Angry dog ready to attackWhen an aggressive dog attacks you in a public area, the owner of that dog can be held legally responsible for any damage. However, if the attack takes place within the confines of private property, such as within an apartment complex, the owner of that property may also be held liable. To ensure your dog bite claim’s success, you should understand who may be liable.

Dog Bite Liability

Dog bite laws in the United States are somewhat complicated and can change from state to state. In fact, in Tennessee alone, dog bite laws can even vary from county to county. However, the overall understanding of liability and fault is placed on the dog’s owner. Since the dog can’t be held personally accountable for his actions, his owner is responsible for keeping him in line. Tennessee Code §44-8-413 specifically states that:

  • A dog’s owner has an obligation to keep her dog under control at all times. This means she’s also responsible for keeping that dog away from situations that may provoke him to attack. If an owner fails in her duty, she’s subject to civil liability for any damages that result from the dog’s actions. The extent of damages can include injuries, medical exam costs, and property destruction sustained while on public property or while lawfully in or on private property.
  • When an owner fails to keep her pet under control, she’s financially responsible for all damages caused by the dog’s actions. This holds true regardless of the owner’s knowledge of the dog’s temperament or propensity to lash out.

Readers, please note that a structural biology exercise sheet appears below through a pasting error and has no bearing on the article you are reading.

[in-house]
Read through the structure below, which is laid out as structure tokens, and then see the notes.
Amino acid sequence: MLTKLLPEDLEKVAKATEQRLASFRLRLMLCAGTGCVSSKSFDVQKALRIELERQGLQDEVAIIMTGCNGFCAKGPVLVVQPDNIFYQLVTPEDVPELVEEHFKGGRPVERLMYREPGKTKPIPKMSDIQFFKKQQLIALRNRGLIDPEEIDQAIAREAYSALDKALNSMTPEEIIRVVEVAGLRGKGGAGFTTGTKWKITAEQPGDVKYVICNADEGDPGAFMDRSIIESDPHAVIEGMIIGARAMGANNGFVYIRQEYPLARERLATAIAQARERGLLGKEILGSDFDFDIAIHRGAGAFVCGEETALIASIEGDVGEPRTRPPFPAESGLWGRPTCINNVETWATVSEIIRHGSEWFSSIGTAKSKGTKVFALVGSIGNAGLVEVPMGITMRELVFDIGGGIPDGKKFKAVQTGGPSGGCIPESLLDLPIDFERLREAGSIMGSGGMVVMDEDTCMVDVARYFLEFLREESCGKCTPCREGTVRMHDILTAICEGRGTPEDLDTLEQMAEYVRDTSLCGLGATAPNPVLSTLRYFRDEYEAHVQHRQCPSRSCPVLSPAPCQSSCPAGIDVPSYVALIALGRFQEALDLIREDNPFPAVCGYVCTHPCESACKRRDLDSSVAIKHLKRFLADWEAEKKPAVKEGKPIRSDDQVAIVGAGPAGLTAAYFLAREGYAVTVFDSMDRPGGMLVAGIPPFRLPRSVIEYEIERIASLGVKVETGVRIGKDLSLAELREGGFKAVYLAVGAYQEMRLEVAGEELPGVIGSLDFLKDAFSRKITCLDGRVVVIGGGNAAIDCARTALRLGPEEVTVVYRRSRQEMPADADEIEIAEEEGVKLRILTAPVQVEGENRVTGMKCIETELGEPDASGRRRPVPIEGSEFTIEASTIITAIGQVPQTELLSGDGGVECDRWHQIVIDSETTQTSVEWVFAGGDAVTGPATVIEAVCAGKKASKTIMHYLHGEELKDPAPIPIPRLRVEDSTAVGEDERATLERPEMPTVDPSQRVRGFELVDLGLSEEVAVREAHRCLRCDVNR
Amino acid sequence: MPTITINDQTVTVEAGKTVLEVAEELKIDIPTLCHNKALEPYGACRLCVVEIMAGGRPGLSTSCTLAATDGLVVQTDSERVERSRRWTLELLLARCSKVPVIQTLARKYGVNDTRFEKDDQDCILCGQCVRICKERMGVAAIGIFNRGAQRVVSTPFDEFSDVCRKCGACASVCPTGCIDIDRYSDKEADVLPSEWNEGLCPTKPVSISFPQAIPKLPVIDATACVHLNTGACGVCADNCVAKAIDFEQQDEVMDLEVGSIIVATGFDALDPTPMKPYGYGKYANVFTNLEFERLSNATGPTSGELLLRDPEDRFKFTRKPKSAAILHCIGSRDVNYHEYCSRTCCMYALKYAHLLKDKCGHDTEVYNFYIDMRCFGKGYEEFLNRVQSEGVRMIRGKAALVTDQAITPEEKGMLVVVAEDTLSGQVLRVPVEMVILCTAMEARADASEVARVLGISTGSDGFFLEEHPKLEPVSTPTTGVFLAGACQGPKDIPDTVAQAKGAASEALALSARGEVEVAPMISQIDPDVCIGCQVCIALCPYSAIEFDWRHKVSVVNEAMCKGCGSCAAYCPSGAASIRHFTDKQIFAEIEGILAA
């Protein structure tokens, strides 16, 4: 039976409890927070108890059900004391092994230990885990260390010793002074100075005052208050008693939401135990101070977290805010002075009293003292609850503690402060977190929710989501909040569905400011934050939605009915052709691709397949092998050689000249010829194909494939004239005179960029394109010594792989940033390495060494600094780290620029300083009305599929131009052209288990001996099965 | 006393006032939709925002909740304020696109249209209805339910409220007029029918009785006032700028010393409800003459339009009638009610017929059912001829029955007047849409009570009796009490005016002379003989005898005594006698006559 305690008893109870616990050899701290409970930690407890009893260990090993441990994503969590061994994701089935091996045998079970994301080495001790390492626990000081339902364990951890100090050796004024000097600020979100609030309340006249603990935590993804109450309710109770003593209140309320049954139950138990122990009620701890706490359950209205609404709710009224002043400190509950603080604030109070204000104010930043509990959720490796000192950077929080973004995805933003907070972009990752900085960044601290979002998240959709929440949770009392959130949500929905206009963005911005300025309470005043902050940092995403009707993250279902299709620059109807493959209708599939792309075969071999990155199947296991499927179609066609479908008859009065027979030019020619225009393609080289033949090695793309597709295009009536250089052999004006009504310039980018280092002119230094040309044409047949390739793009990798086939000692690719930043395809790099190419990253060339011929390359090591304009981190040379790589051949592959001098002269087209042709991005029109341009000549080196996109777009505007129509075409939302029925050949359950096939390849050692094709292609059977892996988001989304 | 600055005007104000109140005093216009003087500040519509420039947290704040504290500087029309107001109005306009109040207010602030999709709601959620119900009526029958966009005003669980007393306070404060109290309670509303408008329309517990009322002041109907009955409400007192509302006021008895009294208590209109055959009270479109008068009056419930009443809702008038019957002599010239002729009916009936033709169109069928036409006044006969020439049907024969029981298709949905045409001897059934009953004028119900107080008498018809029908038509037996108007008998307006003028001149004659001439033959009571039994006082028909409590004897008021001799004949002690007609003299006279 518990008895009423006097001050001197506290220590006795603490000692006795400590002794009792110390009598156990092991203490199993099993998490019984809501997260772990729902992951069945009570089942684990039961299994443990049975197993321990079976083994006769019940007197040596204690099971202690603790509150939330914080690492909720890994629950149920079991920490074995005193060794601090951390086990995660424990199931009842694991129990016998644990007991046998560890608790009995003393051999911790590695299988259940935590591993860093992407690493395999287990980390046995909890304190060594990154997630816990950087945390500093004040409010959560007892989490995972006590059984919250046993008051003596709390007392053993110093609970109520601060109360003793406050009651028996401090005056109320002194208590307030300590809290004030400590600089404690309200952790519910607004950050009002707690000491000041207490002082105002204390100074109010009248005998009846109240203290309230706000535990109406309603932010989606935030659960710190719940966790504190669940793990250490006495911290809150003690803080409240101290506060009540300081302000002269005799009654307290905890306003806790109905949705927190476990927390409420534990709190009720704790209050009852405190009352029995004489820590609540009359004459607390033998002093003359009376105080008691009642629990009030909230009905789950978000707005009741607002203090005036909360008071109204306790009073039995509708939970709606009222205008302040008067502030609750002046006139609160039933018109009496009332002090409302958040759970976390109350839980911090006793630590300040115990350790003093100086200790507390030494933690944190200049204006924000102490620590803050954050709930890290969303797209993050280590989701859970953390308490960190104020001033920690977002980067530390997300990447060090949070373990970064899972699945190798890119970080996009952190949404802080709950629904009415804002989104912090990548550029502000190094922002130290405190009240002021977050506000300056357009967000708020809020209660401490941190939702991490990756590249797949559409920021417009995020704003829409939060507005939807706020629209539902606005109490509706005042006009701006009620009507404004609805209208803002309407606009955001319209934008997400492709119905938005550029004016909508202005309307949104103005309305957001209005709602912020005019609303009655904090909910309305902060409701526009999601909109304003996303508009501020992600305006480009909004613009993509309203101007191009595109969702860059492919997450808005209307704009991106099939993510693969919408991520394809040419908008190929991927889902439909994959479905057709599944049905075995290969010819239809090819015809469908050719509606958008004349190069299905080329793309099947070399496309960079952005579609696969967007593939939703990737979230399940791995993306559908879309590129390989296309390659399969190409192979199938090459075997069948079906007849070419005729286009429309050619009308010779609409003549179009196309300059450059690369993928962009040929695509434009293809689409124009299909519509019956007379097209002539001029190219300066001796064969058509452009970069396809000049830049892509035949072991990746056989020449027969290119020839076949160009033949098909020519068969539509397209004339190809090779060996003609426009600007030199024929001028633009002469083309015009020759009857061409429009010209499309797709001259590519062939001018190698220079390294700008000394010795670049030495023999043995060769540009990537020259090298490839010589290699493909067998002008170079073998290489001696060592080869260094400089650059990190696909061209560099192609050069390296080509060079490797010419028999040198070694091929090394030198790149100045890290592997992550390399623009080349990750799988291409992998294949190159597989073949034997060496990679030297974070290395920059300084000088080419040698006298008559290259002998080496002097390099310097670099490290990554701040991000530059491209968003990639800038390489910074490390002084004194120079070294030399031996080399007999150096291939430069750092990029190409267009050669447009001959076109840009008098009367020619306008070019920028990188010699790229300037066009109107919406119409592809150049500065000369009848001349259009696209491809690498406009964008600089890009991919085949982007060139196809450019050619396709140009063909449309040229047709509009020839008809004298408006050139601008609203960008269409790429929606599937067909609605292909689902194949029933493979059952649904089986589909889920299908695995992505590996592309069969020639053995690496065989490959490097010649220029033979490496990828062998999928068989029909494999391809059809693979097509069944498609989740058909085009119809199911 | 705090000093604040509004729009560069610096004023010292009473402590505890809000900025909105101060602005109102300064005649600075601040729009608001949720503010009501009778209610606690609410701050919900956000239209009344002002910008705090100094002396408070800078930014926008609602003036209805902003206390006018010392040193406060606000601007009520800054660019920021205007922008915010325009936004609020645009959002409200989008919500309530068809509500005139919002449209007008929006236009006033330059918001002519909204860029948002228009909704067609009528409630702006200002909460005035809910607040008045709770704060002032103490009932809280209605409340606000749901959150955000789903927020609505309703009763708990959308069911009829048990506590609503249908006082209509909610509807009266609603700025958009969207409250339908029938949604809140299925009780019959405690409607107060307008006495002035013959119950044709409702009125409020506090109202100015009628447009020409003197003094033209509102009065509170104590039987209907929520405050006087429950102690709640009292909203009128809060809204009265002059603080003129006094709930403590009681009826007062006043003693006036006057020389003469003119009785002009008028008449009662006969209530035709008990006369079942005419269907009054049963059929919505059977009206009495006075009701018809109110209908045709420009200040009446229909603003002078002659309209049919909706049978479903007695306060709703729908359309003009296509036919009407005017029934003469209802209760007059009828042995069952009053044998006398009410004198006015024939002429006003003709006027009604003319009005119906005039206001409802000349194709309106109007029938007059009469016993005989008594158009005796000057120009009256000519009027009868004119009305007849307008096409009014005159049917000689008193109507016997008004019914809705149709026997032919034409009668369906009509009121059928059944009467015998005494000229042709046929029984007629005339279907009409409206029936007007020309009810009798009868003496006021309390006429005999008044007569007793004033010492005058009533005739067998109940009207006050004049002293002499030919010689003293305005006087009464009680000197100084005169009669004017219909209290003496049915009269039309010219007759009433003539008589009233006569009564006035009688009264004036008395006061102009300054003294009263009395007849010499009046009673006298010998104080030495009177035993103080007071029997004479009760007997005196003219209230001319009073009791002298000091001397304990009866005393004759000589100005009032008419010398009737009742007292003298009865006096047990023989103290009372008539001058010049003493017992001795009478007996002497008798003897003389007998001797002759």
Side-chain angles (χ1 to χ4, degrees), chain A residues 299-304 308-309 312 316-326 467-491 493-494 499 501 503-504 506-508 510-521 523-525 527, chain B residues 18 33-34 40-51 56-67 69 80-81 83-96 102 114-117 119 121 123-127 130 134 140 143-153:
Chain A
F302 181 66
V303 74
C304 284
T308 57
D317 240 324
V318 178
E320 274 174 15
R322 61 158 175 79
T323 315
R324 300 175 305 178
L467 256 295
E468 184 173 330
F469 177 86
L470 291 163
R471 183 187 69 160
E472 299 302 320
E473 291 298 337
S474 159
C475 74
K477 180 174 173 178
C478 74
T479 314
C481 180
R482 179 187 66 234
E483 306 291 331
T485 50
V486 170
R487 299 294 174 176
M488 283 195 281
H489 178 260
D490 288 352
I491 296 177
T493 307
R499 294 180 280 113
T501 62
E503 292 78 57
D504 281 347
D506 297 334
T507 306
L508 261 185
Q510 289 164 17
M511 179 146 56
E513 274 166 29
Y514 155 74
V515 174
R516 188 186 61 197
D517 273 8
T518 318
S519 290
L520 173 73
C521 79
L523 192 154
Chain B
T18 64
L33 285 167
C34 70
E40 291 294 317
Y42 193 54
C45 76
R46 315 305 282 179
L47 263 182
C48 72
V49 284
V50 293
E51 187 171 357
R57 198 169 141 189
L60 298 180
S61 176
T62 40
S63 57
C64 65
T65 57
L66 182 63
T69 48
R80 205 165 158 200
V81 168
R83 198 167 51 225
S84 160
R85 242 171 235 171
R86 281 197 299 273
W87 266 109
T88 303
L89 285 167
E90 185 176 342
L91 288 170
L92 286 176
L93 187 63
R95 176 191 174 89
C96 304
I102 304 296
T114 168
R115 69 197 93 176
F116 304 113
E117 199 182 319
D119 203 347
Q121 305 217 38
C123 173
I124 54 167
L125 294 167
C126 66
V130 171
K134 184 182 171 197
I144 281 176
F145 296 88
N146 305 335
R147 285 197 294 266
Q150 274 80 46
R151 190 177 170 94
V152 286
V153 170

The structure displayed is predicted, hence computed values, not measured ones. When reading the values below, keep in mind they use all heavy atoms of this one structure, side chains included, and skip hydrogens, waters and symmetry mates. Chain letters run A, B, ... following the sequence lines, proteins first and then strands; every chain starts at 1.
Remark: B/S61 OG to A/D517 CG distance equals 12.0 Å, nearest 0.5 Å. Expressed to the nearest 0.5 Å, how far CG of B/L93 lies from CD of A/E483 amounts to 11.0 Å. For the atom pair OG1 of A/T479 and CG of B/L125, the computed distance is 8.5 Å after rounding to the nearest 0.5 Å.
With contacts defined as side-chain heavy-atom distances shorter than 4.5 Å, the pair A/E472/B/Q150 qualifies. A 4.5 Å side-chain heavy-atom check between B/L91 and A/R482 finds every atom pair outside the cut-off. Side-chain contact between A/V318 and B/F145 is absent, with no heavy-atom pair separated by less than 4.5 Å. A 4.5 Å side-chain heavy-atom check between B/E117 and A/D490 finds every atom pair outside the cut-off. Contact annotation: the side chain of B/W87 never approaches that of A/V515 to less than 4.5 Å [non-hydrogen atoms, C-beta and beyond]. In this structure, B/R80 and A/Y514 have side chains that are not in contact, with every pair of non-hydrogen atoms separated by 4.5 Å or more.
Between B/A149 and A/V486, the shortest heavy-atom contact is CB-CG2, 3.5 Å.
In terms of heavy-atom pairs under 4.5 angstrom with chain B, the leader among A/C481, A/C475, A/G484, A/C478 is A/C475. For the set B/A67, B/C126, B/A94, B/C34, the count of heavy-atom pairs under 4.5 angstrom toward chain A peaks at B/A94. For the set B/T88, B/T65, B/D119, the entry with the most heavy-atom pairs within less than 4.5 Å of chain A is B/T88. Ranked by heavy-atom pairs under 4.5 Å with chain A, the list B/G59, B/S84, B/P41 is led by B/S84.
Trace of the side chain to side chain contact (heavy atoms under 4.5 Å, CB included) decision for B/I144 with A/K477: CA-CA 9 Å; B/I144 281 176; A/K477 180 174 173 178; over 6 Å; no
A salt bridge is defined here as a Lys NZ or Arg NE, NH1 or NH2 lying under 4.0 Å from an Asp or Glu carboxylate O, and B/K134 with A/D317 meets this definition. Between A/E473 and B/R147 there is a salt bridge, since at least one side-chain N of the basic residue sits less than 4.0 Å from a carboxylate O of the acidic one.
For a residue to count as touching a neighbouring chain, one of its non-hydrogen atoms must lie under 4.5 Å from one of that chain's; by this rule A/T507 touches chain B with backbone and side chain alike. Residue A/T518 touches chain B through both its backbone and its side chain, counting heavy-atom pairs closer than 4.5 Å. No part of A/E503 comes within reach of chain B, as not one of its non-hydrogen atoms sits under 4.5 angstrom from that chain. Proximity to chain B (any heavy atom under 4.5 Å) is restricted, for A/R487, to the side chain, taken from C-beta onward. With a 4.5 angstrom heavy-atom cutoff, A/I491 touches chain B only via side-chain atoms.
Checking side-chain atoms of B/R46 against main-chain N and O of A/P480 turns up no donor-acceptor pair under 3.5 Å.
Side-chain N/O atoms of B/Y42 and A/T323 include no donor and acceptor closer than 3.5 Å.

• In situations where a dog attack takes place on private property, the dog’s owner will be held accountable, but the owner of the property may also be subject to blame for allowing the dangerous creature to roam.

Landlord’s Liability

It’s rare for a landlord to be held liable for injuries caused by a tenant's dog. However, certain exceptions do exist. It’s important to know that leasing an apartment to a tenant with a dog isn’t enough to make a landlord responsible for the dog’s actions. To prove liability, you must be able to show that during the course of the lease agreement, the landlord:

  • Had knowledge of the dog’s violent temperament but chose to lease to the owner despite the risks. If the landlord had previous knowledge that the dog was dangerous and negligently failed to address the situation, he could be held partially liable for any damages.
  • Had intimate knowledge or control of the dog’s actions prior to or during the attack. If the landlord contractually agreed to take care of, harbor, kennel, or maintain control over the animal at any time, he may be open to liability charges. If he was taking care of the dog at the time of the attack, the responsibility of control transfers from the owner to the landlord. Furthermore, if the landlord had intimate knowledge of the dog’s personality, he should have been able to recognize the potential dangers and addressed them before an incident occurred.
  • Had the legal power to evict the dog or his owner. If the landlord had the opportunity to request the removal of the tenant’s dog but failed to do so before an attack, he can be held partially accountable for negligence. Removal opportunity can be legally justified through eviction or as a consequence for violation of aggressive dog rules in the lease agreement.

If you believe that your dog bite injuries were caused as a direct result of owner and landlord negligence, contact our office today at 615-807-7900. We’ll be happy to schedule your FREE one-on-one consultation with attorney John L. Griffith so you can better understand your rights and legal options. Contact us today and see how we can help you get the injury compensation you need.

Need more information right now? Feel free to download our complimentary guide to personal injury claims, “The 10 Worst Mistakes You Can Make With Your Tennessee Injury Case,” to learn more.

John Griffith
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Nashville Personal Injury Trial Attorney